It is a terribly sad reality that tourists often will not leave their hotel in the Gambia. On the buses from the airport they are warmed that it is unsafe, and they are often convinced to upgrade to all-inclusive to avoid the need to venture outside. This infuriates me.
The local people may hassle you to buy things, and they may ask if you need a taxi each time you walk out of the hotel, but they are just trying to make a living. They are harmless, almost always extremely friendly, and they are certainly not a danger.
By the tourists not leaving their hotels these people often have no business and cannot feed their families. It is extremely sad. These are hard working people that would do anything for you, in exchange for a few small Pounds.
When I booked my trip to the Gambia I purposely did not book a transfer through Monarch Holidays, I did not want to give Monarch my money, I wanted to give it to local people. Not only was it cheaper to grab a taxi outside the airport, it was more of a cultural experience, and it did not involve driving around the entire resort dropping off tourists at their hotels (and you know your hotel will always be last on the list).
I have seen tourists at my hotel that have not left once. They are unaware of what is going on outside of the complex walls. They have not mixed with the local people, they have not tried the local restaurants and they have not shopped at the local markets.
By tourists not leaving their hotel local taxi drivers sit outside waiting for business that never comes, the local artists never have the opportunity to sell their arts and crafts, restaurants remain largely empty. Gambia is a very poor country, and tourism is a huge money maker, and a great way for local people to make a living and support their families…but how can they do this if the tourists never leave their hotels?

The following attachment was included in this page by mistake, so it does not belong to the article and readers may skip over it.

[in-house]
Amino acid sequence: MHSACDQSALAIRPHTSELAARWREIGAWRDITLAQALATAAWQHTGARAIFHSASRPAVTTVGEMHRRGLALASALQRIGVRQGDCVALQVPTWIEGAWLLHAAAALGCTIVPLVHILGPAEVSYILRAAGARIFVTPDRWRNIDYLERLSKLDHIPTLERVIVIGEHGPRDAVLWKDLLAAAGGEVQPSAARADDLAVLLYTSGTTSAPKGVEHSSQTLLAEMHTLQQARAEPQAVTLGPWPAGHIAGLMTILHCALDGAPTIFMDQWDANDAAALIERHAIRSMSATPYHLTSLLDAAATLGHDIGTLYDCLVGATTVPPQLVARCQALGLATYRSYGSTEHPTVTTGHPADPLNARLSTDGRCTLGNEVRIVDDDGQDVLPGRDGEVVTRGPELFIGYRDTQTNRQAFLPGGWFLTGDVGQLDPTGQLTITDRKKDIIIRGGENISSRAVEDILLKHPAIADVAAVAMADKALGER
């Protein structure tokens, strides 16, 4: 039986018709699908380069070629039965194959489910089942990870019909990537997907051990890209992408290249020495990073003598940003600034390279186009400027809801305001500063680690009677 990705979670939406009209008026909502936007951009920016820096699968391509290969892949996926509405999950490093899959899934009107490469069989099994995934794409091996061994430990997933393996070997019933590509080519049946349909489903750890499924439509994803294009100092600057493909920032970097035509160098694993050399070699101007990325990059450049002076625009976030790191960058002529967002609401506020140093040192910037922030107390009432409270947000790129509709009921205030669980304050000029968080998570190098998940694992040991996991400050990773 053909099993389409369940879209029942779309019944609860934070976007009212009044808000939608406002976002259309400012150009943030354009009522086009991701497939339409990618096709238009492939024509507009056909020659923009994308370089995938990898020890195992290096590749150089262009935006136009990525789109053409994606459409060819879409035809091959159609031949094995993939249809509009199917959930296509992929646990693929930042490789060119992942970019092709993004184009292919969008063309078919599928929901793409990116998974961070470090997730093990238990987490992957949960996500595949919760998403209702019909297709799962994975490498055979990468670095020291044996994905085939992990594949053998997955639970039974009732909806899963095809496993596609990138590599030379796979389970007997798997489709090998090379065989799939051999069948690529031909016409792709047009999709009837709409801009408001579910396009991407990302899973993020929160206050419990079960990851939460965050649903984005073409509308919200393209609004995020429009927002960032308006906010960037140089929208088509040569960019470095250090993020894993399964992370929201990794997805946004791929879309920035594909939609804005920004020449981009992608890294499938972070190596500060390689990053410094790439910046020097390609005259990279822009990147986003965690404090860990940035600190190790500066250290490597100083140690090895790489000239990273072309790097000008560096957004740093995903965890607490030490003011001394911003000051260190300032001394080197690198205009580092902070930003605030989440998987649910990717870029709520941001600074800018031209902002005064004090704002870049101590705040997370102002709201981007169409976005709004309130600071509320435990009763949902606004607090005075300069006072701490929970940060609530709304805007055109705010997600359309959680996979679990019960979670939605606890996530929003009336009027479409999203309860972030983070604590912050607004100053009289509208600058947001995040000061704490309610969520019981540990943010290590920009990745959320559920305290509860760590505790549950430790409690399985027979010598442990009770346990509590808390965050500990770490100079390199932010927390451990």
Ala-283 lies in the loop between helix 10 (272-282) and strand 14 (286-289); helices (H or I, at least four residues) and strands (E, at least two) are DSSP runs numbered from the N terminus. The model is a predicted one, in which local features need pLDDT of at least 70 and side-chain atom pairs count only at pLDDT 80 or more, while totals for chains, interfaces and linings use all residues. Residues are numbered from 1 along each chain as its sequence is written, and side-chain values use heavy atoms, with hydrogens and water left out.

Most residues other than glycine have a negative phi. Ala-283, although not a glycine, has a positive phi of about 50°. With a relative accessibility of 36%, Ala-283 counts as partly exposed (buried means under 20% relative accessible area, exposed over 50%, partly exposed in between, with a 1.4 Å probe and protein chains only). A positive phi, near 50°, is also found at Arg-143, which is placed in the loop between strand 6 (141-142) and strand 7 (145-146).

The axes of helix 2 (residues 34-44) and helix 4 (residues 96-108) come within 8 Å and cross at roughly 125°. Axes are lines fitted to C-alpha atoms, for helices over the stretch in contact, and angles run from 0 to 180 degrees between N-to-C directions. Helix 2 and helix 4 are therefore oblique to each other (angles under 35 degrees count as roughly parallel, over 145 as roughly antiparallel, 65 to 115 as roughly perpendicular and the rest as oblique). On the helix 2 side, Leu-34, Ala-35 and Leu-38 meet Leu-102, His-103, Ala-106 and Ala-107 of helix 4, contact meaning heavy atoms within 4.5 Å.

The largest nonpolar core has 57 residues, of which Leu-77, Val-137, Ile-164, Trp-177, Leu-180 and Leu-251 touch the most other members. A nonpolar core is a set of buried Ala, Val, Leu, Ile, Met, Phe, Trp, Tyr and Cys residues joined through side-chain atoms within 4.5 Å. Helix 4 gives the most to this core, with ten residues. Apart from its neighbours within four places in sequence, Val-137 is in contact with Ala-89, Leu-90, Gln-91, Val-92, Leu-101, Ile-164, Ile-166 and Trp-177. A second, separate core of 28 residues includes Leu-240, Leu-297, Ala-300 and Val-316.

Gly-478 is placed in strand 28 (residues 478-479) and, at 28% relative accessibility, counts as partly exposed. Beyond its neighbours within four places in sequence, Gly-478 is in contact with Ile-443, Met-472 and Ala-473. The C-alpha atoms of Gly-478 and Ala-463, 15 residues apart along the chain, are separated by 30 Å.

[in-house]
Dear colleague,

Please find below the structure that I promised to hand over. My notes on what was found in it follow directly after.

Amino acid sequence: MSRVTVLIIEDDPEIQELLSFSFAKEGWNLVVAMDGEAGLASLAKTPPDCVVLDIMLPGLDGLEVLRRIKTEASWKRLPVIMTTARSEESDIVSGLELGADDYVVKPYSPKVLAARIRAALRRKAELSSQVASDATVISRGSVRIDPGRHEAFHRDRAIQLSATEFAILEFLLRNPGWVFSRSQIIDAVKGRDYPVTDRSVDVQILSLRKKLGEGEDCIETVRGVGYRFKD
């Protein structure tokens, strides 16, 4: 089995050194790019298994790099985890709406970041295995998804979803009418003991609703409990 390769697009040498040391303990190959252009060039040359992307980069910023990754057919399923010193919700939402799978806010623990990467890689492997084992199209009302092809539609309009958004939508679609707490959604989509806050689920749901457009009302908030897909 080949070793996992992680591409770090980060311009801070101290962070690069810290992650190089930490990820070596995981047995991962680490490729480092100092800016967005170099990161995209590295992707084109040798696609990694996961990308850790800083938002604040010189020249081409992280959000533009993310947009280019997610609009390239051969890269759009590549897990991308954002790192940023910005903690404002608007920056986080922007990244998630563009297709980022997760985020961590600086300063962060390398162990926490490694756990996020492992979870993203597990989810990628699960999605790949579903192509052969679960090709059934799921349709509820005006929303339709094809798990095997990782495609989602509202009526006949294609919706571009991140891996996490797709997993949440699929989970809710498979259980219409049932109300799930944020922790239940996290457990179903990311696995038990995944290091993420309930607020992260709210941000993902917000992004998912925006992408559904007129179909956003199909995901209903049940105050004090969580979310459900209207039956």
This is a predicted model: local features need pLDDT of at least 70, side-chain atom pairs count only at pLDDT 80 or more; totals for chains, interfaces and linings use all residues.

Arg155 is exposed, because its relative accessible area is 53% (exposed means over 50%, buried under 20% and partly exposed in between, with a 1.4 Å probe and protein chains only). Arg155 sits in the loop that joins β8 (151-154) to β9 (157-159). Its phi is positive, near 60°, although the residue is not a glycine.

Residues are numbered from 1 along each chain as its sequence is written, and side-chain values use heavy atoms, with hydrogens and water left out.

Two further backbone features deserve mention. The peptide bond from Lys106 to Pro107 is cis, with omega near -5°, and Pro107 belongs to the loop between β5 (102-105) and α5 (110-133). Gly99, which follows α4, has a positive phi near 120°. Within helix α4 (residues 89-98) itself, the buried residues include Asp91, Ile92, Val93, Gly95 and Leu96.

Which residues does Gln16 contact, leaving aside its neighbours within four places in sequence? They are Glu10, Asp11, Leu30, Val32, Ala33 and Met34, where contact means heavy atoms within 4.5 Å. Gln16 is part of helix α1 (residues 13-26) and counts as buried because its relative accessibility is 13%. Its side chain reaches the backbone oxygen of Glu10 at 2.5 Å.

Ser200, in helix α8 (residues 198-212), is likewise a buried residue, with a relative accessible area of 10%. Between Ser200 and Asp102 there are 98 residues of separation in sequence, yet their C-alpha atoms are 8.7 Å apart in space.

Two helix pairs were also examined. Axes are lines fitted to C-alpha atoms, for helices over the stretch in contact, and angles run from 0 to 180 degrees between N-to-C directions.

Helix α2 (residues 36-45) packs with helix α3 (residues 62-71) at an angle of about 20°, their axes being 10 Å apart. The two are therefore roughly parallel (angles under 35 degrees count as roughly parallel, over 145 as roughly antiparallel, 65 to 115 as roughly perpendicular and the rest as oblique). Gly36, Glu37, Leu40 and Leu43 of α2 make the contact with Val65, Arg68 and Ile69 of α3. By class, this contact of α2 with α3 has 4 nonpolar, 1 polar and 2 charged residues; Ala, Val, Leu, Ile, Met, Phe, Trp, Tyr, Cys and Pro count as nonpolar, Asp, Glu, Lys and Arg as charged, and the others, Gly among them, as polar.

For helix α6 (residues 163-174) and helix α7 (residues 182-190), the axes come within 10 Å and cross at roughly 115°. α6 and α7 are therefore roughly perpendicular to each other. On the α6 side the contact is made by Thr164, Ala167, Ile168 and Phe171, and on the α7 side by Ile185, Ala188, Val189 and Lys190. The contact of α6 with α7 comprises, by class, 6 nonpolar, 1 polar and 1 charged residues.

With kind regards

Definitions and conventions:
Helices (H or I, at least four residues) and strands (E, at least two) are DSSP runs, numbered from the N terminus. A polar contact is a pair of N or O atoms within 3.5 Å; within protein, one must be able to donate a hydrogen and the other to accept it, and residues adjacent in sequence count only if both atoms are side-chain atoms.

The local people told me of their worries, they told me how they just want to do their job, but they can’t because the tourists won’t come out. Wouldn’t you rather know that your money is going to feeding a local family, rather than to a foreign owned or multi-national corporation?
The problem is, that the tourists have no idea about any of this. They are ignorant to any money problems the locals have, and they have no reason to doubt the reps when they tell them it is unsafe. The reps clearly do this to cover themselves, and to make more business for the hotels, but I think it is ethically and morally wrong- the tourists should not be disillusioned like this and the local businesses should not be disregarded in such a way.
So this is a message to anybody thinking about planning a holiday to Gambia- do it- it’s fantastic! But get out of the hotel! There are great local restaurants, the local people are so helpful and friendly and there is also so much to do from markets to crocodiles and monkeys! Don’t give all of your money to that multi-national corporation that will see it return to the UK or America, spend local and help improve the lives of many people in Africa-your Pounds can make a real difference to their lives-so put your money where your mouth is and spend local!